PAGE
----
European debt, slowing Chinese demand and an oversupply of cargo ships has crippled the dry shipping business. The boom/bust 2008 and 2009 years led to terrible contract pricing for shipping companies. Add to that the new builds companies started before the financial crisis of 2009 and you have a terrible capacity glut that gets worse with every bankruptcy in the industry.
In this environment one dry goods shipper stands out as profitable, asset heavy, and cash - debts equal to zero: Diana Shipping (NYSE:DSX). As the market has sold off this week DSX ducked under a 600 million market cap. Looking at cargo ship prices from Shipping Herald news, DSX's fleet appears to be undervalued by 20 percent. That calculation is easy thanks to the large cash position DSX maintains. 11 post-Panamax, Newcastlemax and Capesize ships worth about 34 million each and 17 Panamax ships worth a hair under 22 million.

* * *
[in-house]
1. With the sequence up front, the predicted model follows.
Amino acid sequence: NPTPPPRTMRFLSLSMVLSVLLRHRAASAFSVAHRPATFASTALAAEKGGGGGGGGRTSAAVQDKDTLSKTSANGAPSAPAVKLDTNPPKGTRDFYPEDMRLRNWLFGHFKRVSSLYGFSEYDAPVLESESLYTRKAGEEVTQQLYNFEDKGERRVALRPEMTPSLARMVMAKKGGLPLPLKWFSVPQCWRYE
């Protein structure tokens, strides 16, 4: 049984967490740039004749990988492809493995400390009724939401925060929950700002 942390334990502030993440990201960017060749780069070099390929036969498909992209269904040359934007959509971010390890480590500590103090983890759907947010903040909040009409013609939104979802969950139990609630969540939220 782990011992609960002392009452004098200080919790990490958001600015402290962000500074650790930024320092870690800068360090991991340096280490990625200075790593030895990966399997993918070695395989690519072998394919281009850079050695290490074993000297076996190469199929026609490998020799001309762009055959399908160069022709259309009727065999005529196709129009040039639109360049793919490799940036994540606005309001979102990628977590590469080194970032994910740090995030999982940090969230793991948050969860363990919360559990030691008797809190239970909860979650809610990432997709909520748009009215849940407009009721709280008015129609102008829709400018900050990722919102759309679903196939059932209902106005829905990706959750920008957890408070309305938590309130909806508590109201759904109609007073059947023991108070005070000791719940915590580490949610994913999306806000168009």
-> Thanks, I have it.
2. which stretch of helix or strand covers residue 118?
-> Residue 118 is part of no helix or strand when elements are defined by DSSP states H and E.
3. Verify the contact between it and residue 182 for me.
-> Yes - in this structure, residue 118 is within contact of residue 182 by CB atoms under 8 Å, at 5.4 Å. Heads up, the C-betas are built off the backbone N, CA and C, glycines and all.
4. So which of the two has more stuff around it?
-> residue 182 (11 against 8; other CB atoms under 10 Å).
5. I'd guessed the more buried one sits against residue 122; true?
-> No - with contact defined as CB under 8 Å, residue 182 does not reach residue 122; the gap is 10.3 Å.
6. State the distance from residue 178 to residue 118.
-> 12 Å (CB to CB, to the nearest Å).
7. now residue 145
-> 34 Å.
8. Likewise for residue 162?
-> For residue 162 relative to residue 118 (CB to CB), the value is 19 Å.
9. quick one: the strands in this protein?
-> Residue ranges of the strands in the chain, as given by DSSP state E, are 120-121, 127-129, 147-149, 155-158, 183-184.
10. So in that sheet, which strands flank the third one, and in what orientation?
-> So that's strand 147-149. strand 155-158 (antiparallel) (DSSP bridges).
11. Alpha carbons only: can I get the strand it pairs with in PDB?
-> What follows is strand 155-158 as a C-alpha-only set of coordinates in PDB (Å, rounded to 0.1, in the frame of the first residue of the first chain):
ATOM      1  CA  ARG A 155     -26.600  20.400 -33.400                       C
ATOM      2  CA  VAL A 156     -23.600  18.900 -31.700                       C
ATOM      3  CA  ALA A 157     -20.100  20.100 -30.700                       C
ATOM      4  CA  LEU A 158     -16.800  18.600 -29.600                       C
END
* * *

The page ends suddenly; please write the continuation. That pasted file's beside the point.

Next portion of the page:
All of those 28 ships are under contract. With 15 contracts expiring before January 2014 revenues for DSX are likely to decline well into that year as contract rates face continued pressure. It's easy to stay comfortable with that outlook considering DSX has a trailing 12 month EPS number of 1.16 heading into an end of the year seasonal peak.
Even if we accept the TTM 1.16 as a 2012 EPS estimate of 1.16 we see a decrease in EPS of about 7 percent a year over the last five years. Compared to the better known DryShips (NASDAQ:DRYS), which has only had two positive EPS numbers over the same five years, we can see that management at DSX is doing very well in a terrible environment.
A declining EPS number is still a bad thing, but the same management team that turned a profit in these lean times and didn't overextend themselves in 2008 sees a turnaround by the fourth quarter of 2014. Even assuming a continued decline in earning through that period DSX looks under valued. It seems likely Diana Shipping will continue to eke out a profit until that turnaround.
The cash the company saved through conservative management and elimination of dividend has allowed them to be flexible now as ship build and acquisition prices continue to drop. With a fleet of 30 ships, including two not in operation, DSX can afford to price contracts aggressively, adding further pressure on more highly leveraged dry shippers.
I added shares on Wednesday and will look to buy more should I get another 10% discount. If you've got a craving to try something different, DSX might be the company you've been looking for.
Disclosure: I am long DSX.